In India, people can now use their thumbs to pay at stores

The government scheme based on biometrics is controversial

In its bid to boost digital payments, India introduced Bhim, a smartphone app that lets users make cashless payments and transfer funds.

But the Android and iOS versions of Bhim, which stands for Bharat Interface for Money, ran into two roadblocks – many Indians don’t have smartphones and those who have phones cannot afford data connections.

On Friday, India's Prime Minister Narendra Modi launched Bhim-Aadhaar, a merchant interface for the Bhim app that allows Indians to pay digitally at stores using their thumb imprint through a merchants’ biometric-enabled device, which could be a smartphone having a reader and running the Bhim app.

“Any citizen without access to smartphones, internet, debit or credit cards will be able to transact digitally through the Bhim-Aadhaar platform,” the government said in a statement.

Key to the functioning of the payment system is Aadhaar, a biometrics-based authentication system for residents that the government has been pushing to the dismay of civil rights activists who are concerned that the data could be misused by hackers if they get access to the centralized database or even by the government that now has access to a lot of information on its citizens.

After enrolling, a person is given an Aadhaar number, which they enter when making a transaction. Once the Aadhaar number is entered into a terminal, the person's fingerprint and iris are scanned and compared with information stored about the person in a central database. To pay at a store, users would also need to have their Aadhaar number linked to their bank account.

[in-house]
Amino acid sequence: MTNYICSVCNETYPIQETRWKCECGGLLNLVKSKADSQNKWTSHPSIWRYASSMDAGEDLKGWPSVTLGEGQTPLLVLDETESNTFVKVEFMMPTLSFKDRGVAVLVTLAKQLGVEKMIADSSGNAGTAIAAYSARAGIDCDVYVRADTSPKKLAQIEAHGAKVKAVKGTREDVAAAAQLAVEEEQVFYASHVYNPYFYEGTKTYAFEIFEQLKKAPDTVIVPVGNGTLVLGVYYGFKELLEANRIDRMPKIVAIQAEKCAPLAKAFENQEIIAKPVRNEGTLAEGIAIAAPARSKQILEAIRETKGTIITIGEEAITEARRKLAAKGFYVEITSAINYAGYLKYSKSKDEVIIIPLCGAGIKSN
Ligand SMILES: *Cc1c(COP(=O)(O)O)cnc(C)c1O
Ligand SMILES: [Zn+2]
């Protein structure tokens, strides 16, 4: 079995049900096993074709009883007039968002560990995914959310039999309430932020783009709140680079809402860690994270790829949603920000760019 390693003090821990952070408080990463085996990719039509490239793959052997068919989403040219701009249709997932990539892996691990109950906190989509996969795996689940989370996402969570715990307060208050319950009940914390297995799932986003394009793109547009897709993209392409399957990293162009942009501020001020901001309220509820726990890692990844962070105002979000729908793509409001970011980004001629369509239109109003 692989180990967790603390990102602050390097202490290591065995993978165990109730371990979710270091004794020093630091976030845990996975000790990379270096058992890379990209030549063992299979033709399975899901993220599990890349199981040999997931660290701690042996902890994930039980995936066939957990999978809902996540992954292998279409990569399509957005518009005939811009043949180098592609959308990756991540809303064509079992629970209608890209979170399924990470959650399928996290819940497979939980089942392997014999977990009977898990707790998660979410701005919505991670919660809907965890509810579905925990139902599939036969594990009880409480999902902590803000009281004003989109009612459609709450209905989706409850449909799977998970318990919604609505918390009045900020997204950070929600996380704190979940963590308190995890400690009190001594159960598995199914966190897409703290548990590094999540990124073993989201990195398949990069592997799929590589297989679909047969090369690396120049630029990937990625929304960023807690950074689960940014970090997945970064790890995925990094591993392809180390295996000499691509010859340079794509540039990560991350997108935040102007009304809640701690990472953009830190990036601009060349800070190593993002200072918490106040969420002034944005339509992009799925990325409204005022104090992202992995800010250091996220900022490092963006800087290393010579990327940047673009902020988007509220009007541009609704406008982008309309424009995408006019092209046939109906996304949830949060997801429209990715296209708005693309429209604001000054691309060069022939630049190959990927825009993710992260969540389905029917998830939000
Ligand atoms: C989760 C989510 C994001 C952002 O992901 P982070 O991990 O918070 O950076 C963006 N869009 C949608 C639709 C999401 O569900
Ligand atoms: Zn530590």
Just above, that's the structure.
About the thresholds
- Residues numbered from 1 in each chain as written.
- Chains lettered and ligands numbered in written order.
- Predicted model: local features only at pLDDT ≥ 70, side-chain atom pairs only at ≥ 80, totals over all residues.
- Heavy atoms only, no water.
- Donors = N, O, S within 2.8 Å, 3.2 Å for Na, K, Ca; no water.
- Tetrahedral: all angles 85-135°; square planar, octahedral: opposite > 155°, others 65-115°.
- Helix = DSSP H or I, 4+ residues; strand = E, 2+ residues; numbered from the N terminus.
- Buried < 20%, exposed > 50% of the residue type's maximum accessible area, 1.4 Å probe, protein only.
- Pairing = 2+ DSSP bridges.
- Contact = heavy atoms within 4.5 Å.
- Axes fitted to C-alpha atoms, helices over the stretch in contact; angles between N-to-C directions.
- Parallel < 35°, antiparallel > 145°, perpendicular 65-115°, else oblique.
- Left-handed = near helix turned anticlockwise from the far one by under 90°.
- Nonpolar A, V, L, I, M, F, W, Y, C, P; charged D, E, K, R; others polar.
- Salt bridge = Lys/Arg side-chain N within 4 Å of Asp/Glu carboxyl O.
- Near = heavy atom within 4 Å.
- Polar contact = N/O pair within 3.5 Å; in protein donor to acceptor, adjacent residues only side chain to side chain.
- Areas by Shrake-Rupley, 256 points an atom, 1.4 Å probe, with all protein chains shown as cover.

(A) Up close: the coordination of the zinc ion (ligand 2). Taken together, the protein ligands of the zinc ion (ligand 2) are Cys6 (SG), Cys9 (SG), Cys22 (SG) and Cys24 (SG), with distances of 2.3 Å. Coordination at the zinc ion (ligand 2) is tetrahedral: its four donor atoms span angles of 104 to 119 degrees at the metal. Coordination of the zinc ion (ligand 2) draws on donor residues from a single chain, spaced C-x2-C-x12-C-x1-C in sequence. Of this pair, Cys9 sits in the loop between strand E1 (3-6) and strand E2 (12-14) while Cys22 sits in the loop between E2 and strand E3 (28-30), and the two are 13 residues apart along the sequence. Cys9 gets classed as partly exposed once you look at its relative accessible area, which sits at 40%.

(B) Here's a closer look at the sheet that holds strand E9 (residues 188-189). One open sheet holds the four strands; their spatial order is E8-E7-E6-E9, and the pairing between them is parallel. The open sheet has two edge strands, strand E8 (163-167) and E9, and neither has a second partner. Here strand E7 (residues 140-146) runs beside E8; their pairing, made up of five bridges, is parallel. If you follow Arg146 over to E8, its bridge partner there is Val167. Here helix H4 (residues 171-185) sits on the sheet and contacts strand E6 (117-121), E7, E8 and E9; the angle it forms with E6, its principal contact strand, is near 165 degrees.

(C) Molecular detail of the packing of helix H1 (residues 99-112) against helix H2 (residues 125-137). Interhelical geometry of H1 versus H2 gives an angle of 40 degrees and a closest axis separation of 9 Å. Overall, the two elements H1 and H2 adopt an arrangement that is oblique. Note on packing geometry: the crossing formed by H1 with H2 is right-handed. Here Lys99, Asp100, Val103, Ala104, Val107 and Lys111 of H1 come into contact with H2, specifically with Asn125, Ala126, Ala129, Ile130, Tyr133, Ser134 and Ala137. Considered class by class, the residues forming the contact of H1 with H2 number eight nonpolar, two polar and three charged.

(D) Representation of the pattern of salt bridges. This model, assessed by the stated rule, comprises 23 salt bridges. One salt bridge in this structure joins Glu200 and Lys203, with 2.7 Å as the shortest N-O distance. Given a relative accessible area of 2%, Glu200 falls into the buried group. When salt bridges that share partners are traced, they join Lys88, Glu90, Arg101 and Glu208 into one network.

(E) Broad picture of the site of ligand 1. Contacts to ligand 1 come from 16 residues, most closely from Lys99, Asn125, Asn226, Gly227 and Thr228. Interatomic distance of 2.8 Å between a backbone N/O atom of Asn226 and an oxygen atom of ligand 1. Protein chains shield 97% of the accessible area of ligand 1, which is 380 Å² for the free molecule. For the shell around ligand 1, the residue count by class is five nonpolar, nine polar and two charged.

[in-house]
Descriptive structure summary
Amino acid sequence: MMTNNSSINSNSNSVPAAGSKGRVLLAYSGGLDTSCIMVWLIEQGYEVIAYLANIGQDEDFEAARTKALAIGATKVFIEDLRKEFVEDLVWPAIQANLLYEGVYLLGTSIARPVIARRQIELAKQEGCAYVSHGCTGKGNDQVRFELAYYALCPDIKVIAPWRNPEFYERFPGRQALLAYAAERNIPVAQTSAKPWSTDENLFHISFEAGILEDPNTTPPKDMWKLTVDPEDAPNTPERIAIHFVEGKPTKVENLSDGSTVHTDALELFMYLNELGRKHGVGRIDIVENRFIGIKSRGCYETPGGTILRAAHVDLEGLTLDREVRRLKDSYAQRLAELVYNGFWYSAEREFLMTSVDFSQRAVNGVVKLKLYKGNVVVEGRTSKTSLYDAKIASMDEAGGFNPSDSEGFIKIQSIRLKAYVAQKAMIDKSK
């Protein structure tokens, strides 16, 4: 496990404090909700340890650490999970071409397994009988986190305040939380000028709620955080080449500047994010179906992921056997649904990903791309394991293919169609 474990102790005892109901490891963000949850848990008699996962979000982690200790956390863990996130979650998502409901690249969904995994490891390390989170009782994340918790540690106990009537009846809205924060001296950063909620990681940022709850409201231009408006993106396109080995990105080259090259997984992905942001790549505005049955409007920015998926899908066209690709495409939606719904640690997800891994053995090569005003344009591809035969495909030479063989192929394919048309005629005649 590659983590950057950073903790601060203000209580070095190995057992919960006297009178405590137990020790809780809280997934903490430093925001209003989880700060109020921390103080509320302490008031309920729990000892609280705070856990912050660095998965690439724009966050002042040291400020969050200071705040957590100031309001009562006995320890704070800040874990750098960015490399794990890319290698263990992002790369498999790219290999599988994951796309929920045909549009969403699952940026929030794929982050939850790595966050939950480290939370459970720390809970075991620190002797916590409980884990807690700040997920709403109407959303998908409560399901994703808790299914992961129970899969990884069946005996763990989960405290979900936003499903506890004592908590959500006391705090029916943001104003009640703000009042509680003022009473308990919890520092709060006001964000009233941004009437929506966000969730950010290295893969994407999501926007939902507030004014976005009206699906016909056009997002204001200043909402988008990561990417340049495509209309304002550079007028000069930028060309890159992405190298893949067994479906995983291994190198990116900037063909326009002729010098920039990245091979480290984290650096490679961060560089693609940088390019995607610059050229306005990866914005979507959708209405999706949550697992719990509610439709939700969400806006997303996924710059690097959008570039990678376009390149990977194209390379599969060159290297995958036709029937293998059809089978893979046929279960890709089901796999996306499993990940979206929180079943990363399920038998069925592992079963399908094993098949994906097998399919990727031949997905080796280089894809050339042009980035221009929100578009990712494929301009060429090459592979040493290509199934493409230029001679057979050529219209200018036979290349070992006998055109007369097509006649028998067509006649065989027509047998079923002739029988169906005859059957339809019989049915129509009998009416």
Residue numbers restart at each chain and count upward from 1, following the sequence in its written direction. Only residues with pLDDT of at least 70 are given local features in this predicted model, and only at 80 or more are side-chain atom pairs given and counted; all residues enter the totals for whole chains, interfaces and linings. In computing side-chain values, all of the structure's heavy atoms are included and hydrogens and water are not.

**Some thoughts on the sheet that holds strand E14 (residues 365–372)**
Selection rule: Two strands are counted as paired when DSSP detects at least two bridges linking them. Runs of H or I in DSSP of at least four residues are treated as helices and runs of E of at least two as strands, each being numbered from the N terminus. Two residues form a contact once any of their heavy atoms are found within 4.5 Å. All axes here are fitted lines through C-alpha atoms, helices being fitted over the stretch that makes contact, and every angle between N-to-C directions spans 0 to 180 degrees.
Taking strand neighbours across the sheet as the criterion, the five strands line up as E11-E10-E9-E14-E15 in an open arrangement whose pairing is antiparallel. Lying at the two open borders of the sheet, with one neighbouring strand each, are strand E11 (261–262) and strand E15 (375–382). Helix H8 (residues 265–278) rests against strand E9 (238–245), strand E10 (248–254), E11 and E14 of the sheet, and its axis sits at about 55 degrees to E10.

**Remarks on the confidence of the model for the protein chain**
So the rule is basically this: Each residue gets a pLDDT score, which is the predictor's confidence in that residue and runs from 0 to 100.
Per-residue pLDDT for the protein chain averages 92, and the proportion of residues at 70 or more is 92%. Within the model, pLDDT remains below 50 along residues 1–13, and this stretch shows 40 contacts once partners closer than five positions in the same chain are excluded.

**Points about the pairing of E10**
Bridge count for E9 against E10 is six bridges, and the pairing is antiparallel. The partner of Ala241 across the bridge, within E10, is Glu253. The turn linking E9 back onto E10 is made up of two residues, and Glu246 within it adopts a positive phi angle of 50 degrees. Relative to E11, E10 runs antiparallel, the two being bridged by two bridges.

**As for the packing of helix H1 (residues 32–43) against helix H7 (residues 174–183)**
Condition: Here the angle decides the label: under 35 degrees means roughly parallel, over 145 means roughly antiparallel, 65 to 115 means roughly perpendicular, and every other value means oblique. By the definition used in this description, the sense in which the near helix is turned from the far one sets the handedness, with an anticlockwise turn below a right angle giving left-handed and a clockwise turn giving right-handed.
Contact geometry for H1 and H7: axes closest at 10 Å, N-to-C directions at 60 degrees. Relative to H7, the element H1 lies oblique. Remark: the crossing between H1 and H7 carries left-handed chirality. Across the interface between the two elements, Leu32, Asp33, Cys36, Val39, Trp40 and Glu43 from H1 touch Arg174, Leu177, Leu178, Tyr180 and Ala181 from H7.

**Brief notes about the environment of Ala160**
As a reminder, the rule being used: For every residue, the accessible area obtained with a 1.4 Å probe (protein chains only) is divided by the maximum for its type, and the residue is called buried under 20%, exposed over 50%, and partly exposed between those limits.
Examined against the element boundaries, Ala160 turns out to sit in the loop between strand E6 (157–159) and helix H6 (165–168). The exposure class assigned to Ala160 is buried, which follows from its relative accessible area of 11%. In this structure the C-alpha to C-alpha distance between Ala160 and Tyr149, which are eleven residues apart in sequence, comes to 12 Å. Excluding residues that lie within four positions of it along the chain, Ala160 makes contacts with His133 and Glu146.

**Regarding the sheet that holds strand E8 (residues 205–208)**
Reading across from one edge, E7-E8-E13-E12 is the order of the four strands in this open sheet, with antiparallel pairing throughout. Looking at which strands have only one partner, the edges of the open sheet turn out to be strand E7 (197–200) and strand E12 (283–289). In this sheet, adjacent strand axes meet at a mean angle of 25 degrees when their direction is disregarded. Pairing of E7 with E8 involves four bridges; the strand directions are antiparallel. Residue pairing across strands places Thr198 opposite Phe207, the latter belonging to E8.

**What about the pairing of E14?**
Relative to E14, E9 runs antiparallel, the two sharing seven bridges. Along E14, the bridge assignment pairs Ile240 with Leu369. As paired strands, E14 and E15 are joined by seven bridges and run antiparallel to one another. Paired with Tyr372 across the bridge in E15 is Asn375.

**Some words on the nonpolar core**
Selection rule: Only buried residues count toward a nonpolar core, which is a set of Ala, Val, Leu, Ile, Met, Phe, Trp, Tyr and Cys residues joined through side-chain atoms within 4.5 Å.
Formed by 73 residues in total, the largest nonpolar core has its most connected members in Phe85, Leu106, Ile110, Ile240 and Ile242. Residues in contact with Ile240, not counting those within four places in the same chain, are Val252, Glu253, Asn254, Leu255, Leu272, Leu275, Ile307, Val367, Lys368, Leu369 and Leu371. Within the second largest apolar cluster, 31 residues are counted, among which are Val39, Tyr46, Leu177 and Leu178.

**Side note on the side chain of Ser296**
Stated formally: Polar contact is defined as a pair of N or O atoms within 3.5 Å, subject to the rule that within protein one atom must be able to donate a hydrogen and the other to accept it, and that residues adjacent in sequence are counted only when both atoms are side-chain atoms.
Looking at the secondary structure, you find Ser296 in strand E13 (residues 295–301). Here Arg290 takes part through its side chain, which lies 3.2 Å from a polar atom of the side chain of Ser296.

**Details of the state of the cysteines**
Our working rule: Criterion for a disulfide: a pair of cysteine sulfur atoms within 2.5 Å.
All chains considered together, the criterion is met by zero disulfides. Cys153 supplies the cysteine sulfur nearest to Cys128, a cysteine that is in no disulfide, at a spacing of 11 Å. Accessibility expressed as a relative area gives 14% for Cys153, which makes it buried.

The new feature in Bhim will address about 400 million bank account customers spread across the country whose accounts are linked with Aadhaar, said A.P. Hota, managing director and CEO of the National Payments Corporation of India.

Many users have, however, complained that the system is inefficient in a country where connectivity in both urban and rural areas is still flaky. Privacy experts are also concerned that the government is extending the use of Aadhaar from its orginal purpose of identifying beneficiaries for government schemes for the poor, to requiring the Aadhaar number for a variety of other purposes including payment of income tax and the distribution of free mid-day meals to school children.

India’s Supreme Court has ruled that the biometric system should be used only for its original purpose, which was the distribution of state subsidies to the poor, and the use of Aadhaar should be purely voluntary. "The production of an Aadhaar card will not be condition for obtaining any benefits otherwise due to a citizen," the top court ruled.

But the Indian government holds that the Aadhaar Act 2016, which was passed by parliament after the order of the Supreme Court, gives it the authority to use the Aadhaar biometrics for other purposes as well.

The Modi government is aiming at 25 billion digital transactions during the current financial year running through March 31, 2018. India has issued over 1.1 billion Aadhaar numbers so far.

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